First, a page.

By: Paul Giblin, East Valley Tribune
Congressional candidate Annie Loyd largely laid out her political agenda 18 months ago when she founded the online magazine One Planet. The e-zine, which calls itself a “social entrepreneur publican,” serves as a forum on topics that includes the arts, education, economics, water policy, justice, energy and more.“We’ve had such a focus on what the problems are, but very little focus on what good solutions are. And that’s why we created it,” said Loyd, who serves as co-publisher.
This month’s cover story: “Gratitude: Maintaining Moments of High Resolve.”Her political campaign is built upon similar principles. Loyd, a 43-year-old Phoenix resident, is running as an independent in Arizona’s 3rd Congressional District. Republican incumbent John Shadegg and Democratic challenger Bob Lord also seek the U.S. House seat.Loyd said she plans a serious campaign in the urban district that takes in central and north Phoenix, plus Paradise Valley, Cave Creek and Carefree. She formally launched her campaign with a rally at Paradise Valley Park in Phoenix last weekend, but she essentially has been on the campaign trail meeting and greeting voters since February.Shadegg and Lord may spend more than she will during the next 12 months, but she promises she’ll campaign harder. She said she has a core committee of 30 volunteers and a broader network of 300 volunteers already in place.“Nothing seems insurmountable to me,” said Loyd. “It’s not that I’m not realistic, and it’s not that I’m not pragmatic.
There’s an old saying that says you don’t know what’s possible unless you reach for what is seemingly impossible.” The idea of voters electing an independent candidate to a major office seems more possible all the time.Voter registration records compiled by the Arizona Secretary of State’s Office show that independents comprised 27 percent of all voters in the district on Sept. 30.That marked a 1 percentage point increase for independents, and conversely, a 1 percentage point drop among Republicans since June 30.Independent voters are engaged with their communities, but they’re fed up with the current state of politics, Loyd said. She plans to reach out to independents, at school board meetings, charitable events, cultural actives and youth sports events.“From the two-party system, the political spin has been independents don’t care, that they’re not active, that they’re not affiliated because they don’t want to make a commitment.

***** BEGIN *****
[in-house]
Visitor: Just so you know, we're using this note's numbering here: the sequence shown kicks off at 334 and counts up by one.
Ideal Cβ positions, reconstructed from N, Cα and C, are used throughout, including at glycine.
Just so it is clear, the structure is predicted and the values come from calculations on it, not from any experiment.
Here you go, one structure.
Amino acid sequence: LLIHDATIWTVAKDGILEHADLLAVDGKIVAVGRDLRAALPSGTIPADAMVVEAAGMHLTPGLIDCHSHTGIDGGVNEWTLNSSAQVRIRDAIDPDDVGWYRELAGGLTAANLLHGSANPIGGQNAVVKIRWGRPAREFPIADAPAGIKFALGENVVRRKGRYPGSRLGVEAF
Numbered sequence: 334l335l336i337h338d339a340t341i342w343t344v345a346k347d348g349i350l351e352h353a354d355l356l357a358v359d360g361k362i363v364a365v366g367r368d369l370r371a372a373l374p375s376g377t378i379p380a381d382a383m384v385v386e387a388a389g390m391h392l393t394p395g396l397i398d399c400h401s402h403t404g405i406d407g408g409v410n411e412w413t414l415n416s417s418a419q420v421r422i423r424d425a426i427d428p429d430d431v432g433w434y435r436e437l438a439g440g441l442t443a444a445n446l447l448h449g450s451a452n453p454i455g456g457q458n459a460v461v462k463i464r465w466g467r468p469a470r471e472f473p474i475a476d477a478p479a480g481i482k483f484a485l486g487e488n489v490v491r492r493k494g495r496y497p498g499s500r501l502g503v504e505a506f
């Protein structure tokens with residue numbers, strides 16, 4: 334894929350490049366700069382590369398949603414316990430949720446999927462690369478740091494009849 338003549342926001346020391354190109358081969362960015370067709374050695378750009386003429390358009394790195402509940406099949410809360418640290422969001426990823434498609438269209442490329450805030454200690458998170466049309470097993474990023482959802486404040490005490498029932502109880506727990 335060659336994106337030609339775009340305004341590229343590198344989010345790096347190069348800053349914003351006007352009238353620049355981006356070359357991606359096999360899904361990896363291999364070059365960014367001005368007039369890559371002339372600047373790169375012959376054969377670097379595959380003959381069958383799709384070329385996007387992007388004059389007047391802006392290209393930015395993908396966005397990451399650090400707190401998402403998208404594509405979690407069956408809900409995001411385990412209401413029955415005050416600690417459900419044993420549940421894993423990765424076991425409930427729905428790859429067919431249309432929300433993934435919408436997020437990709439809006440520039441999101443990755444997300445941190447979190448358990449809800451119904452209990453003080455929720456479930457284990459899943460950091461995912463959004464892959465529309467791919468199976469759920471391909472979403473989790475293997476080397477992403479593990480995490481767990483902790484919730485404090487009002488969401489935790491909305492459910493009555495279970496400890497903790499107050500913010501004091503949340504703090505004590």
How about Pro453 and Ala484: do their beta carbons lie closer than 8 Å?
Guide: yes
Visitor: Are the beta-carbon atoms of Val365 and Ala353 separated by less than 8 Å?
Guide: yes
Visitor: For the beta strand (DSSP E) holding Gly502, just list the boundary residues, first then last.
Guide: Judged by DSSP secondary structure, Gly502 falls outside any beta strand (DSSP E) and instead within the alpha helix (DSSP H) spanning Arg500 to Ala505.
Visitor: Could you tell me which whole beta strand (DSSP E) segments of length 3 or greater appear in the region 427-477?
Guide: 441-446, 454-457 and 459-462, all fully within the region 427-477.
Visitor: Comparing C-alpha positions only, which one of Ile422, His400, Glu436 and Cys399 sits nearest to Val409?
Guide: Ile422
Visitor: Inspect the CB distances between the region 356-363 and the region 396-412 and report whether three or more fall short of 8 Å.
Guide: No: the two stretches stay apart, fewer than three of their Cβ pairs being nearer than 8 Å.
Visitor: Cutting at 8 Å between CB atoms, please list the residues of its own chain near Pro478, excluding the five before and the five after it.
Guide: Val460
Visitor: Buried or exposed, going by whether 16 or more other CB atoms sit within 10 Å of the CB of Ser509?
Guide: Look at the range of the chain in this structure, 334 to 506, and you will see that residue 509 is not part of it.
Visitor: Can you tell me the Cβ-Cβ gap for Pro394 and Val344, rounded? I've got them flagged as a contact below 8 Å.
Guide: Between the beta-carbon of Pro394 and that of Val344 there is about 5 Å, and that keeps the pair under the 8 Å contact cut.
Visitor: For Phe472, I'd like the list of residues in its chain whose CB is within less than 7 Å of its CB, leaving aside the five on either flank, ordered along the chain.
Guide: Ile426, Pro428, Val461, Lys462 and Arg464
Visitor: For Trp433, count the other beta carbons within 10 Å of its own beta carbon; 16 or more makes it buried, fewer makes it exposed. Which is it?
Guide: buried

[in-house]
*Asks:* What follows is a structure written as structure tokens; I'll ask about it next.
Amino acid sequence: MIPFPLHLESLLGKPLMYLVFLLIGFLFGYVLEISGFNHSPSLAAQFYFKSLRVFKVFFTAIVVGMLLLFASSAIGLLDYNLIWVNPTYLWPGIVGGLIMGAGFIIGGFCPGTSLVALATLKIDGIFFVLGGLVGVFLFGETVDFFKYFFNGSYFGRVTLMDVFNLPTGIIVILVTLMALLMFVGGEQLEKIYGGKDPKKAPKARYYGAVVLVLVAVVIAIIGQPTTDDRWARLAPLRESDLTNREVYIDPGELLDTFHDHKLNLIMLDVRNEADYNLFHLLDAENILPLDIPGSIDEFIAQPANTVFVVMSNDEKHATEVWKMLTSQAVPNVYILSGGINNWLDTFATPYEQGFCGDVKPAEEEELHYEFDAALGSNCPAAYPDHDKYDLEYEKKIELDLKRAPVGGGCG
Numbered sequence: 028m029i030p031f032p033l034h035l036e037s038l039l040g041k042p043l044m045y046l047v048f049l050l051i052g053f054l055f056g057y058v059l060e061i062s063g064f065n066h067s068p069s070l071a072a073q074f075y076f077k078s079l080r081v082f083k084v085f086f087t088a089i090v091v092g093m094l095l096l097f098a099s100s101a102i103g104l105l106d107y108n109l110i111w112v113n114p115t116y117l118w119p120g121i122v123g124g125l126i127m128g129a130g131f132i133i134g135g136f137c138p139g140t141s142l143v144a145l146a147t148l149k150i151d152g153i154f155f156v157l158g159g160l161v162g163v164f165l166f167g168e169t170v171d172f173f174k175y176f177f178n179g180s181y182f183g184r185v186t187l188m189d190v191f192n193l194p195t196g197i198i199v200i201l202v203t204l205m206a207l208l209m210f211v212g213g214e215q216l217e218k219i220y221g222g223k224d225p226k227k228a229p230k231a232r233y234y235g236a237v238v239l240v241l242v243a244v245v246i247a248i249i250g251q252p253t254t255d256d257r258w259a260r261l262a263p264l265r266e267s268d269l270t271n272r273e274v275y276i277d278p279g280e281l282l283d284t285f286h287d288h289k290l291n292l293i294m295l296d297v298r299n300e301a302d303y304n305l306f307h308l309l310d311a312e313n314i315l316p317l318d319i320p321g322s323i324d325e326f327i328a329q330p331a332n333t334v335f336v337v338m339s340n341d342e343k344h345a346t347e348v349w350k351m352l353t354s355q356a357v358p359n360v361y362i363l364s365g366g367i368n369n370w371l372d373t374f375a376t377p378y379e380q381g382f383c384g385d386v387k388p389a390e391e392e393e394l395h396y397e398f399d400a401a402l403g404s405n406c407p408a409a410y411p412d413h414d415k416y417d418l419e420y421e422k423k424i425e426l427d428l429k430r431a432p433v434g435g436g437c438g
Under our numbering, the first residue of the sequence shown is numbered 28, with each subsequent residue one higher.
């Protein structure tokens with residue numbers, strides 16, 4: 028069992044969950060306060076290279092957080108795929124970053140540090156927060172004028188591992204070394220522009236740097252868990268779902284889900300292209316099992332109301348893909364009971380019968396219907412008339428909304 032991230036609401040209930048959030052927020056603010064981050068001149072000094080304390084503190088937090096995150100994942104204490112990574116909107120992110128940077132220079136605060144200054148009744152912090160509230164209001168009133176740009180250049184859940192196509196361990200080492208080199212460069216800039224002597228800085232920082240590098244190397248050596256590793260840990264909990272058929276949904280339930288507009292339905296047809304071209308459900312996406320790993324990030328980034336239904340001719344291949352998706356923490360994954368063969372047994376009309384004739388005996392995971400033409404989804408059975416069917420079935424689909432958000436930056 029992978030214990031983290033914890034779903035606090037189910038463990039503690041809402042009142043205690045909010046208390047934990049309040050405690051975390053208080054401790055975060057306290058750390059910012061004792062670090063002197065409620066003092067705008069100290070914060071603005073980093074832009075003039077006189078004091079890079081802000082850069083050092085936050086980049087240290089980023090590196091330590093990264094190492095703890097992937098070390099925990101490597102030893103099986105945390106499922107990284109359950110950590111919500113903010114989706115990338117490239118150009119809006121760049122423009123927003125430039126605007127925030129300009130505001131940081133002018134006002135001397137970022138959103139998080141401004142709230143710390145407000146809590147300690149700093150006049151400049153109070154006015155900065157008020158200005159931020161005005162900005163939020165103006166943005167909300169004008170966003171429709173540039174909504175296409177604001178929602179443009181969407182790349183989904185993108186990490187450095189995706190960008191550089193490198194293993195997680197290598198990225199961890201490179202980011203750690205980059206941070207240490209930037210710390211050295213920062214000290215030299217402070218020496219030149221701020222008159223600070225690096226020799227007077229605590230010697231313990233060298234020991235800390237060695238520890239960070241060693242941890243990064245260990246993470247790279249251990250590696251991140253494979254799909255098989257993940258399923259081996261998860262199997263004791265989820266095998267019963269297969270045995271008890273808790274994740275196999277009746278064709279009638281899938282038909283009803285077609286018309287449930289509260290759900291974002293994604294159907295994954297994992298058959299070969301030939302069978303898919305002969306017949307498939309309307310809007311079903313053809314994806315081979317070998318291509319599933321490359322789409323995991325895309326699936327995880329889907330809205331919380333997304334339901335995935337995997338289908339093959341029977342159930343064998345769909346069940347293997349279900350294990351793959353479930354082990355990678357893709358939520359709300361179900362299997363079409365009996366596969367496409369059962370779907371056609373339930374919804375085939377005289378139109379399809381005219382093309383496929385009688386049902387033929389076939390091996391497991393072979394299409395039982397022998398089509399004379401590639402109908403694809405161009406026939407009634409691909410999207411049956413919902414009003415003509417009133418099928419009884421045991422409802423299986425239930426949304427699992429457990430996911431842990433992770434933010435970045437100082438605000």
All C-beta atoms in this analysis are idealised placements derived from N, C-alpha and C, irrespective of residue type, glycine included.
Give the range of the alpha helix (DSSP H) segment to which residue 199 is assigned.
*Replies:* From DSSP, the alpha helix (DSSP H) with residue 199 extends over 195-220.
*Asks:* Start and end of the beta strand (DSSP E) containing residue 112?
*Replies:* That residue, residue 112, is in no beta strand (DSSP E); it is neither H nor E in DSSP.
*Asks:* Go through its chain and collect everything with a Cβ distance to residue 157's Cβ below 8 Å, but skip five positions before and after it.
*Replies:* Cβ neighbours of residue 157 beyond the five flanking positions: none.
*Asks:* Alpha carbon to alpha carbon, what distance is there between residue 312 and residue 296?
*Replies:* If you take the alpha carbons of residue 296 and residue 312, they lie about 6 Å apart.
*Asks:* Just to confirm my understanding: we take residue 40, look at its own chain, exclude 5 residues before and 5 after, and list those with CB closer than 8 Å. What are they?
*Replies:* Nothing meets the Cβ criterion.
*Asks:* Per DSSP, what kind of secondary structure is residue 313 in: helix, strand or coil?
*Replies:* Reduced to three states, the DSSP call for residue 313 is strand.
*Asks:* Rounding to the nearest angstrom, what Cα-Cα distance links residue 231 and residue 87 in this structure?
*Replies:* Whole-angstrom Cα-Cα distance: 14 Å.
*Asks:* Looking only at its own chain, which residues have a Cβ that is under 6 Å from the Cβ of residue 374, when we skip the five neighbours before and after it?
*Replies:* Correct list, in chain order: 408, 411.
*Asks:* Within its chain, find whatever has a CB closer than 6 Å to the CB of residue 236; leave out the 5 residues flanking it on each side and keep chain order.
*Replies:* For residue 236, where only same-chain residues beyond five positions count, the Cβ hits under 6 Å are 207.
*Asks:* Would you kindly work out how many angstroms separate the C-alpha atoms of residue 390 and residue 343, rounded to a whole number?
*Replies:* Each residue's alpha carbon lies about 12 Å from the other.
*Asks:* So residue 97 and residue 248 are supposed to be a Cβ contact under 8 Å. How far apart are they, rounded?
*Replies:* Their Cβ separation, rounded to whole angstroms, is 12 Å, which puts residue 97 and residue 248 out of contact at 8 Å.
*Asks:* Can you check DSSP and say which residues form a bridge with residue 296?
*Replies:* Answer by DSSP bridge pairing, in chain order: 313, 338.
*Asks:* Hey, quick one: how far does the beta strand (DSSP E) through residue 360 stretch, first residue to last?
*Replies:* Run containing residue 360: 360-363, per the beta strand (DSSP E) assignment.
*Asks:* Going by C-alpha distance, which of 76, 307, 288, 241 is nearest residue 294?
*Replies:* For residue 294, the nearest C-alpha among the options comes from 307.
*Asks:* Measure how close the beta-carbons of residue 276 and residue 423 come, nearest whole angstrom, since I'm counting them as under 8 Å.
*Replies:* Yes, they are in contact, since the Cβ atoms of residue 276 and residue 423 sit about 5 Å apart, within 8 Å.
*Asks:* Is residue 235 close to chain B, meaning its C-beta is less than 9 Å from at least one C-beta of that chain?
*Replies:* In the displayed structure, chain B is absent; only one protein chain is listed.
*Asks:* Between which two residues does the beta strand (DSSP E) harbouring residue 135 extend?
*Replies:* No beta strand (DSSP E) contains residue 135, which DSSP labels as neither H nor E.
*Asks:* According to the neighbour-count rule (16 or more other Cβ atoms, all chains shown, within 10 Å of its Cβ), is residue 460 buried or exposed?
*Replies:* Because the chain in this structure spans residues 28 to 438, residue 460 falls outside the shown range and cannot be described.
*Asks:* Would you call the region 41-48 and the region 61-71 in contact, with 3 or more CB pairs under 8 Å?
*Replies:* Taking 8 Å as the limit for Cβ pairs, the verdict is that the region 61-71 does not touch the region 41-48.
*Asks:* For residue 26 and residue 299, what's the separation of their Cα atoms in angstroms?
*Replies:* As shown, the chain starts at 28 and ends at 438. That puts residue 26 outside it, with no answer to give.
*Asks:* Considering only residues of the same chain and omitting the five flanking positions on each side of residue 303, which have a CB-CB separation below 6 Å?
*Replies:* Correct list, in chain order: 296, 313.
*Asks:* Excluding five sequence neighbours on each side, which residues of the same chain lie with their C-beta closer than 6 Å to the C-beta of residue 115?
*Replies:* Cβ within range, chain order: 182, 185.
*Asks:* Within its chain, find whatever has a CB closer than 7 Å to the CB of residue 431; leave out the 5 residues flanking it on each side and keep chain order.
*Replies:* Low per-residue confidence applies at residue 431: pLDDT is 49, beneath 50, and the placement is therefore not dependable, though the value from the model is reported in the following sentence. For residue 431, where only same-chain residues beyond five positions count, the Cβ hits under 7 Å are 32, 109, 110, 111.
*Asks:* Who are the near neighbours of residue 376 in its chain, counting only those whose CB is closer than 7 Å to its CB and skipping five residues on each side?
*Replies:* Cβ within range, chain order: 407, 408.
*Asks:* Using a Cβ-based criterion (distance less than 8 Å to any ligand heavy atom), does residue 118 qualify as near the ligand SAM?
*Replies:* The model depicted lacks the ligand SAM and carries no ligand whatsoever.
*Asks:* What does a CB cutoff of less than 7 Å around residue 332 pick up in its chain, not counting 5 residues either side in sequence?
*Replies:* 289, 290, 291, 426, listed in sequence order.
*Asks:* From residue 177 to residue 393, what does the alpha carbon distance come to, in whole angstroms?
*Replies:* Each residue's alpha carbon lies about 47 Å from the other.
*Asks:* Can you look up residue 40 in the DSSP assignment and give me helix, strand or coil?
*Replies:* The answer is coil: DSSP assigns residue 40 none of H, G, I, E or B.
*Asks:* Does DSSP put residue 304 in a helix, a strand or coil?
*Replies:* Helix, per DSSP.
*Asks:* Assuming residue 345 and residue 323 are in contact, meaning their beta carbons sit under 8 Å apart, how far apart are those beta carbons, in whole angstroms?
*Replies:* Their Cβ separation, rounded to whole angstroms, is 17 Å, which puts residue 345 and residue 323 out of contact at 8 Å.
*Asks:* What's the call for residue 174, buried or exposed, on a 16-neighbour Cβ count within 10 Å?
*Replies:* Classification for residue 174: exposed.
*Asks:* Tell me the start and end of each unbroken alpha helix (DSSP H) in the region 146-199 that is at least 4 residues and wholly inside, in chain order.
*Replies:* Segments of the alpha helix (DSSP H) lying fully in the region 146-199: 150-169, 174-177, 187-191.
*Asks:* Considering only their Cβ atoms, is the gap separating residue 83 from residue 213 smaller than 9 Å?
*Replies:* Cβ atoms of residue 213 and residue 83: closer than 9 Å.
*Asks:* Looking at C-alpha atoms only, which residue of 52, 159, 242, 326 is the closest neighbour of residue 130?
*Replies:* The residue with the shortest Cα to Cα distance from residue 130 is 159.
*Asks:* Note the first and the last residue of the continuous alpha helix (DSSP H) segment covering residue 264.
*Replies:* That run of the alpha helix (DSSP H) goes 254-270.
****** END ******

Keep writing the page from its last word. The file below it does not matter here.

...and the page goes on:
That’s not what they’re saying at all. They’re saying, ‘Neither party represents fully what I believe.’”The very fact that voters are ditching the established parties to re-register as independents illustrates that they care deeply about politics, she said.Loyd’s primary goal is bridging the partisanship among sitting elected officials. Republicans and Democrats alike, she said, are at fault for creating gridlock that has stalled progress on any number of national issues ranging from education to Iraq, immigration, health care and taxes.“It’s not what you typically hear from political consultants. ‘It’s taxes. It’s the war.’ All of those issues are of concern, but No. 1 on people’s minds is how ugly politics has become,” she said.She plans to take what she calls a “transpartisan” approach — and she has experience in that realm. She has worked on both sides of the aisle for years.In addition to working in the public and mental health arenas mostly in California, and running a design/build residential construction firm in Arizona, she has served as a volunteer, paid consultant and staff member for more than 20 years in local, state and national campaigns for both Democratic and Republican candidates.Now, she said, it’s time for a fresh perspective.